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Friday, 21 May 2010

Italy - Where Have You Gone?

By Ernest Leichter

Don’t let it be forgot
That once there was a spot
For one brief shining moment that was known
As Camelot

Italy was truly a magical kingdom to me in the 1960s. I was young and had never been overseas. To suddenly be transported to an enchanted place and given a great teaching position on a military base was a dream come true.

I felt safe living in the small, northern Italian town of Vicenza. The townspeople were friendly to Americans. At the school, we had extra vacation time because we celebrated both American and Italian holidays. Who wouldn’t want to spend their leisure time at pristine lakes like Garda and Como. Who wouldn’t want to see a spectacle like the opera, Aida (complete with elephants) at the outdoor arena in the nearby town of Verona.

All good things don’t last forever. In the 1970s, Americans were no longer treated like royalty in Italy. Protests by the Italian masses against the Vietnam War turned ugly. President Nixon was hanged in effigy. The second largest political party in Italy in the 1970’s was the Communist Party. I finally came to the conclusion that I would be better off returning to America. I left Italy in 1975.

In 1984, I returned to Italy to visit old friends. I was shocked at what I saw on the walls of Rome. There was graffiti all over the railroad station and the nearby buildings. No monuments were exempt from the territorial gang writings. This included the Roman Forum and the Colosseum. It seemed like no Italian agency was doing anything to paint over the eyesore scribbling on the walls.

In addition to the graffiti problem, many of the tourist attractions such as art museums were closed for repairs. Near the end of my vacation, while trying to get on a crowded train, my wallet was stolen. Before I realized what had happened, $2,000 had been charged to my MasterCard.

This incident was the last straw as far as I was concerned. It proved to me that Italy was just like any other industrialized country. My Italian friends told me that no longer could people walk arm and arm through the streets at night without the fear of being mugged. The three-bolt lock was now used by many families.

I promised myself after the robbery that I would never return to Italy. I wanted to remember the beautiful Italy of the 1960’s.

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Posted by Ronni Bennett at 02:30 AM | Permalink | Email this post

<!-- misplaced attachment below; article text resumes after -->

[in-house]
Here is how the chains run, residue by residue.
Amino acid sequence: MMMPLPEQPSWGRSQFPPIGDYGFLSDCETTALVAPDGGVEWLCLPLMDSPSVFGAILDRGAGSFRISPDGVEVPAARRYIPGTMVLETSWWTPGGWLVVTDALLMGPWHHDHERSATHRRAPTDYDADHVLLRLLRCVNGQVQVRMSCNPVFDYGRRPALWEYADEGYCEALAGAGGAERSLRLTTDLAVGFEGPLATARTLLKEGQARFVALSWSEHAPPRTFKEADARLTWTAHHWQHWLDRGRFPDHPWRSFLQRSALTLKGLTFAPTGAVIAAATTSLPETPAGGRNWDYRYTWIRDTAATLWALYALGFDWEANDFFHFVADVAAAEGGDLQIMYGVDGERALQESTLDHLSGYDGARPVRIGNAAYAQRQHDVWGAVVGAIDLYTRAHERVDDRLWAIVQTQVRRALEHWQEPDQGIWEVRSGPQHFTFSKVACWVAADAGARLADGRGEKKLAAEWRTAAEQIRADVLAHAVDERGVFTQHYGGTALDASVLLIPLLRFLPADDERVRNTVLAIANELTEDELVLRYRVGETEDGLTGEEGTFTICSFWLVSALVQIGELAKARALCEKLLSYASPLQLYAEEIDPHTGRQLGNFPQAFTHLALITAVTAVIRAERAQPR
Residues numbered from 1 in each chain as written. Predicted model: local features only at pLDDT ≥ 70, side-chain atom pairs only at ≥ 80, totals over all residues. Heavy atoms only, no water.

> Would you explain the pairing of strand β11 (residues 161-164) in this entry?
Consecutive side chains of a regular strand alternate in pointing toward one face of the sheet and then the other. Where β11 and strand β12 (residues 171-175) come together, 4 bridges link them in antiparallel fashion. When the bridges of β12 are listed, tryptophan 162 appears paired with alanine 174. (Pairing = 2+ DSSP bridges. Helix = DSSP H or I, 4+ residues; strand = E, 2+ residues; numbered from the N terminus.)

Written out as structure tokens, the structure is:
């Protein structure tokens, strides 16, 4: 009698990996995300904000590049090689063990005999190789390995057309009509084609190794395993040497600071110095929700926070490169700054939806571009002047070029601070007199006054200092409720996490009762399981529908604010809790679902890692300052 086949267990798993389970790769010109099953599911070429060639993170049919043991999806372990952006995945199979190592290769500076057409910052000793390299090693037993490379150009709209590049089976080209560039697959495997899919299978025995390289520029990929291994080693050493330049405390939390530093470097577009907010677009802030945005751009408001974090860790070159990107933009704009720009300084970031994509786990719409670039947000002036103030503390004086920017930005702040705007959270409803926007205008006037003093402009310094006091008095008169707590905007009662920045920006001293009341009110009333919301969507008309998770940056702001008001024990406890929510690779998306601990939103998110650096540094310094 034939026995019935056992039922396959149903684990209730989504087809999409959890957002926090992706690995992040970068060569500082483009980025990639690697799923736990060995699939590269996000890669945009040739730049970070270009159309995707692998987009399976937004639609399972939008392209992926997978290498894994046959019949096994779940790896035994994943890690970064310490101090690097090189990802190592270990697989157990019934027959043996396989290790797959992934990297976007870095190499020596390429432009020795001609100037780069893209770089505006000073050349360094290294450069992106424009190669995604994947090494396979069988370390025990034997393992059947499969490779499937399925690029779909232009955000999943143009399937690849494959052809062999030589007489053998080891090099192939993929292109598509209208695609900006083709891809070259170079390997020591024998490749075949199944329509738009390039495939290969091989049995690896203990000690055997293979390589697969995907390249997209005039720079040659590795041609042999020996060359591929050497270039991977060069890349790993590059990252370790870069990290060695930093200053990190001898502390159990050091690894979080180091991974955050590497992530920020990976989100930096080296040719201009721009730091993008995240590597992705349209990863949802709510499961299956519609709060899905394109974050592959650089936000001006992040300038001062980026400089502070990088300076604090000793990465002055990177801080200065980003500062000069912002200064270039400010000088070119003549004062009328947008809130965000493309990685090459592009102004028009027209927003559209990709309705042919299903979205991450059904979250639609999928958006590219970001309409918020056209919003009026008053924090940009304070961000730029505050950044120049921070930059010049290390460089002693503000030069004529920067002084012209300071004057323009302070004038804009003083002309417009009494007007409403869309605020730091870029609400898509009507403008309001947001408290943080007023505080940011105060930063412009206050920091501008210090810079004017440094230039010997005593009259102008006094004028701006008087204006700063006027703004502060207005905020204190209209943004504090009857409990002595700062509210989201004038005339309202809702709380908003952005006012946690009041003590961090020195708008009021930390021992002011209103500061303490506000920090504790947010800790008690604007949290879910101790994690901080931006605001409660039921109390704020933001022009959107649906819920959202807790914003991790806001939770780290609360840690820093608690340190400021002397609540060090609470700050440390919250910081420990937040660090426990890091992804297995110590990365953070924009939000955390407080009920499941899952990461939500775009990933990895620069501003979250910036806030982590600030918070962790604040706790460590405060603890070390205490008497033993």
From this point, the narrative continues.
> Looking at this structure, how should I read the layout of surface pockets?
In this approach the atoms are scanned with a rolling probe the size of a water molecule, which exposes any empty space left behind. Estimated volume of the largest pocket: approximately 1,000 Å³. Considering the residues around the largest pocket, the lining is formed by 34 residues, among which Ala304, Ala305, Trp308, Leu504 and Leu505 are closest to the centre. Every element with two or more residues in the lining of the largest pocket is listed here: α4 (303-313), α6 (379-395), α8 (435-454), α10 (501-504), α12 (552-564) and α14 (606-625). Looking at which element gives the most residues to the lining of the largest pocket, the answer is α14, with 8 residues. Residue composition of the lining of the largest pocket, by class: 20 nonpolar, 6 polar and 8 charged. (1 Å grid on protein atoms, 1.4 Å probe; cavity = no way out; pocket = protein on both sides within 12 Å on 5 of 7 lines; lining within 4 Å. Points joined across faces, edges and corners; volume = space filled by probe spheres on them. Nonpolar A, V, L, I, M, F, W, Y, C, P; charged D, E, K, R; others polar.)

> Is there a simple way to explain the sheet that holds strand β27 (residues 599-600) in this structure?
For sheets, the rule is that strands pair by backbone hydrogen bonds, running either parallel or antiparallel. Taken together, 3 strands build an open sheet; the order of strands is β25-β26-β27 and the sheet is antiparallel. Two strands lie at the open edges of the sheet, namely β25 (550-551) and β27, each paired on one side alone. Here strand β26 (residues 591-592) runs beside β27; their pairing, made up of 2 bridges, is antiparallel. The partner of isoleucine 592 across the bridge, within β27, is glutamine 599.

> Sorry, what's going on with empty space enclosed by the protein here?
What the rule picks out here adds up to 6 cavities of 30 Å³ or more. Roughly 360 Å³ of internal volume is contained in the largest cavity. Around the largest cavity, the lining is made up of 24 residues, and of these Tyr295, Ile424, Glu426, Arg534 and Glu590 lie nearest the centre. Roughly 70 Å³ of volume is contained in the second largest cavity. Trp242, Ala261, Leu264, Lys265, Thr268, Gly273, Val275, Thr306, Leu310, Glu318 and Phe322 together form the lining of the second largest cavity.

You are right, countries in Europe and all over have changed, but we have all changed too. The first time I went to Italy was in 1958 – it was wonderful. The last time I went to Italy was November 2009 – it was wonderful. I know there are graffiti and crimes, but that is happening all over. I came to the US in the 60s and loved it, and am seeing how it has also changed with people being more greedy, selfish. Italy is still a beautiful country with great landscape, lovely warm people and great food. We walked allover Genoa, went into a small shop where I wished to buy a certain small pressure cooker. The merchant was so helpful and understood what I needed. We at a great expresso by the harbor – and no place has such good coffee, even Seattle. In 2000 I went to Pisa and took the train to Lucca, it is very picturesque. I was alone, never had a problem. You know my daughters and I have traveled all over the world. They both were mugged but in the US, one in Baltimore, the other daughter in Atlanta. Go back to Italy, to the little towns, like Lucca and Montepulciano near Pisa, you will enjoy them. None of us can return to the 60s.

Very interesting and well-written, Ernest. I lived in Japan 1960 to 1966. It was still poor then and the air was filled with charcoal smoke from outdoor cooking fires. On return in 2000 to Tokyo, a city of 18,000,000, we found a spotlessly clean place, not even a cigarette butt on a sidewalk. Still, it definitely was not the 60s though we experienced no street crime like you did. Thanks again for a very interesting story.

I feel this same sense of sorrow for Paris.

Ernest, John & I can relate to your shock at the sight of graffiti on churches & ancient monuments. Also shocking to us were the nasty Bush graffiti messages. But since we had never seen your Italy of the 60s, we accepted it as "a sign of our times" & looked beyond it for the beauty of the country & it's people. Happy to say we found them, & hope to return some day.

I first went to Italy in 1986. I didn't see any graffiti, but maybe I was in the wrong place or just didn't notice. I loved it and toured as far North as Lake Como and as far south as the Isle of Capri. I returned to Rome 12 years later and found it charming.

I was robbed in Morocco. It can happen anywhere.

How lucky you all are to be able to travel to these wonderful places.

I’ve not been to Rome yet, but it will be my next big vacation. My husband was there in 2000 and was involved in an attempted robbery. At least you have your wonderful memories of how it used to be.
I could not help but wonder after reading your story—America—Where Have You Gone? I’ve not seen so many uniformed officers in NYC as this past weekend. So I guess I, too, have memories of how it used to be.

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